The den with photos and mementos was more difficult but there was a process there, too. A plastic bin for each of our four daughters and one for our family. Framed photos were boxed to take to our apartment and others, stored for our new home. Items significant to each girl were placed in their bin so they could decide what to keep, store, donate, or pitch.

We moved through our home with surprising efficiency. A few times mired in the sentimentality of an item versus its relative size or value for keeping. That oversize mirror with the frame I had never liked but from grandma’s house, finally given away. The child’s dressing table with a broken leg that I promised to repair and save for the next generation, finally parted with.

By the end of the day, I felt exhausted and yet, simultaneously exhilarated. I had loved seeing so much of our life again—the wedding presents, the vacation mementos, the soccer trophies—but realizing I didn’t need the stuff to remember. If I erred on the side of heavy it was books both paperback and hardback and photo albums. Here I went deep into “Keep!” and created bins of loose photos to make more scrapbooks. So much of our life captured in 4 x 6 matte memories that meant so much more could fade away. Who needs an ivory tray from St. Lucia when the real story is written on the happy faces of my daughters with their grandparents on an island beach?

We have been in our apartment six months now with just the ‘basics’ waiting for our home to be finished. I have realized this streamlined version of our lives is pretty great. Charlie and I share a closet for the first time since our newlywed home and it is not all bad. My morning choices are pretty straightforward and my favorite sweaters easy to slip on. In the second bedroom closet are all the items we thought we had to have with us rather than drive the two miles to the storage unit. It is a closet with boxes and bins and I haven’t looked in there once in six months. I can’t even remember what I thought was so important. Now, I am tempted to not even look in them and drive all the bins to Goodwill.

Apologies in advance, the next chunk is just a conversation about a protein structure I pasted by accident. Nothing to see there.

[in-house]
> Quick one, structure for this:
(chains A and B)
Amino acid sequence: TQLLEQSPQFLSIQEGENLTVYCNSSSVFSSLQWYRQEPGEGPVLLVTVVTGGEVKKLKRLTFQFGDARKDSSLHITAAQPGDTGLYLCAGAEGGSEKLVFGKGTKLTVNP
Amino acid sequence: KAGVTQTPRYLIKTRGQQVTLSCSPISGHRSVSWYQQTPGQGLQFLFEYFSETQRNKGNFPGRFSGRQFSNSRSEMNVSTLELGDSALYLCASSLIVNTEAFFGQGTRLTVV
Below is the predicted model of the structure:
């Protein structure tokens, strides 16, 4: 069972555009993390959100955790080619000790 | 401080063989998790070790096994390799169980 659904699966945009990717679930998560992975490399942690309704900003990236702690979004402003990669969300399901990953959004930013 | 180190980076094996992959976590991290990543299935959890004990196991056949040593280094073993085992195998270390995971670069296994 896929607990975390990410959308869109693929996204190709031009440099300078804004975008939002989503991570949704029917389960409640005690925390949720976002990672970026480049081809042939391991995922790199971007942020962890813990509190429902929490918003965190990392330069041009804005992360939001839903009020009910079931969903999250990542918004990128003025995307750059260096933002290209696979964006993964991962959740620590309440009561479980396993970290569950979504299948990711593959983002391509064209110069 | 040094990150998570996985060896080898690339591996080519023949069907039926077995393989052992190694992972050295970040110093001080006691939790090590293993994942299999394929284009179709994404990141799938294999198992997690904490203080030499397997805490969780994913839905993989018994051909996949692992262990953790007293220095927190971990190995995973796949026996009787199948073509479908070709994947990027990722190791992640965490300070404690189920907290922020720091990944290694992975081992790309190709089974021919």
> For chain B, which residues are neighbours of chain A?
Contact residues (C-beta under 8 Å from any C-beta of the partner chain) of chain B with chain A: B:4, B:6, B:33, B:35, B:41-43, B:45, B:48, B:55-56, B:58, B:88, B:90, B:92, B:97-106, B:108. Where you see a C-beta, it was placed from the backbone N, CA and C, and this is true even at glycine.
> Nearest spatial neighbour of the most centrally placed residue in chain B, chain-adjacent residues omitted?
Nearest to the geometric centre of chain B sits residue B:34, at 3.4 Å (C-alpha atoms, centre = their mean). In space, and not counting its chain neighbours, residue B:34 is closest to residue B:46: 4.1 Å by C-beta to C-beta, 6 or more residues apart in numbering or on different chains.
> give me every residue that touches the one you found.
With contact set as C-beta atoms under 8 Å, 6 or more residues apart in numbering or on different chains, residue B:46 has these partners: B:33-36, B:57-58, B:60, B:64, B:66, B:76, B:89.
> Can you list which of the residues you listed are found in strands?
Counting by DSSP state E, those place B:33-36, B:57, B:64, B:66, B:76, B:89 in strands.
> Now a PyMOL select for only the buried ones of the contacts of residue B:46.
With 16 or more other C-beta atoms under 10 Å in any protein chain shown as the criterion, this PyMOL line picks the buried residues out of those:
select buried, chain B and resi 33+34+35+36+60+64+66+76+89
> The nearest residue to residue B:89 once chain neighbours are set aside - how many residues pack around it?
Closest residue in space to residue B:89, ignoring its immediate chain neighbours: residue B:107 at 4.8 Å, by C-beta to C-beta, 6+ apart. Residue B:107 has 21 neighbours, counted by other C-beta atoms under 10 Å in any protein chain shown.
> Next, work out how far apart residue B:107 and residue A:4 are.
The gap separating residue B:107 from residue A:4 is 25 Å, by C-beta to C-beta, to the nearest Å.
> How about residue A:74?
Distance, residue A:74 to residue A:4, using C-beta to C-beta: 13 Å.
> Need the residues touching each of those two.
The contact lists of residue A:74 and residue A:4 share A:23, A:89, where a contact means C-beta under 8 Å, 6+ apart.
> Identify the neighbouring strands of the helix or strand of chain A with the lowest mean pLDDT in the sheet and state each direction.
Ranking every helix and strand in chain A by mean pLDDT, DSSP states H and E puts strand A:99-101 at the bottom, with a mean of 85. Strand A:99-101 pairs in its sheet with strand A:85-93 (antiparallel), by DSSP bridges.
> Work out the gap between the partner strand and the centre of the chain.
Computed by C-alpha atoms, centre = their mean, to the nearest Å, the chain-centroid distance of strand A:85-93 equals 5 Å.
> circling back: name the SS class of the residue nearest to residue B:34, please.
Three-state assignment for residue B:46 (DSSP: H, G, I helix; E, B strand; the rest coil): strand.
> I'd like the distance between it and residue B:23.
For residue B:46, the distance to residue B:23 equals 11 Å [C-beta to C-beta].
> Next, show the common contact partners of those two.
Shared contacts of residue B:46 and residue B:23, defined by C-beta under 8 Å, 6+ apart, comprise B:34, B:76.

Similarly, we have two storage units that I should have inventoried but didn’t. I was sure when we packed it all away in January, I would absolutely remember what was in there and where to find it. Now, I have absolutely no idea and I haven’t missed a thing. Frankly, it looks like furniture Jenga, dozens of blanket and duct taped wrapped chests, chairs, tables and lamps with only bulky outlines as hint to what I once thought of value. Maybe we will move it in, or maybe we will just donate the whole lot. Let another family build their memories.

It feels really good to travel light. I think I will keep unpacking.

Want help decluttering your home? Simplicity Organizers in Charlotte 

Kathy Izard is an award-winning author and speaker who helped bring transformation to Charlotte in homelessness, housing and mental health. Kathy writes inspirational nonfiction including, The Hundred Story Home and her newest release, The Last Ordinary Hour  written to help people who have been shattered by untimely death or unexpected diagnosis live in faith not fear. Kathy’s work has been featured on the Today Show inspiring people to be changemakers in their communities. Learn more www.kathyizard.com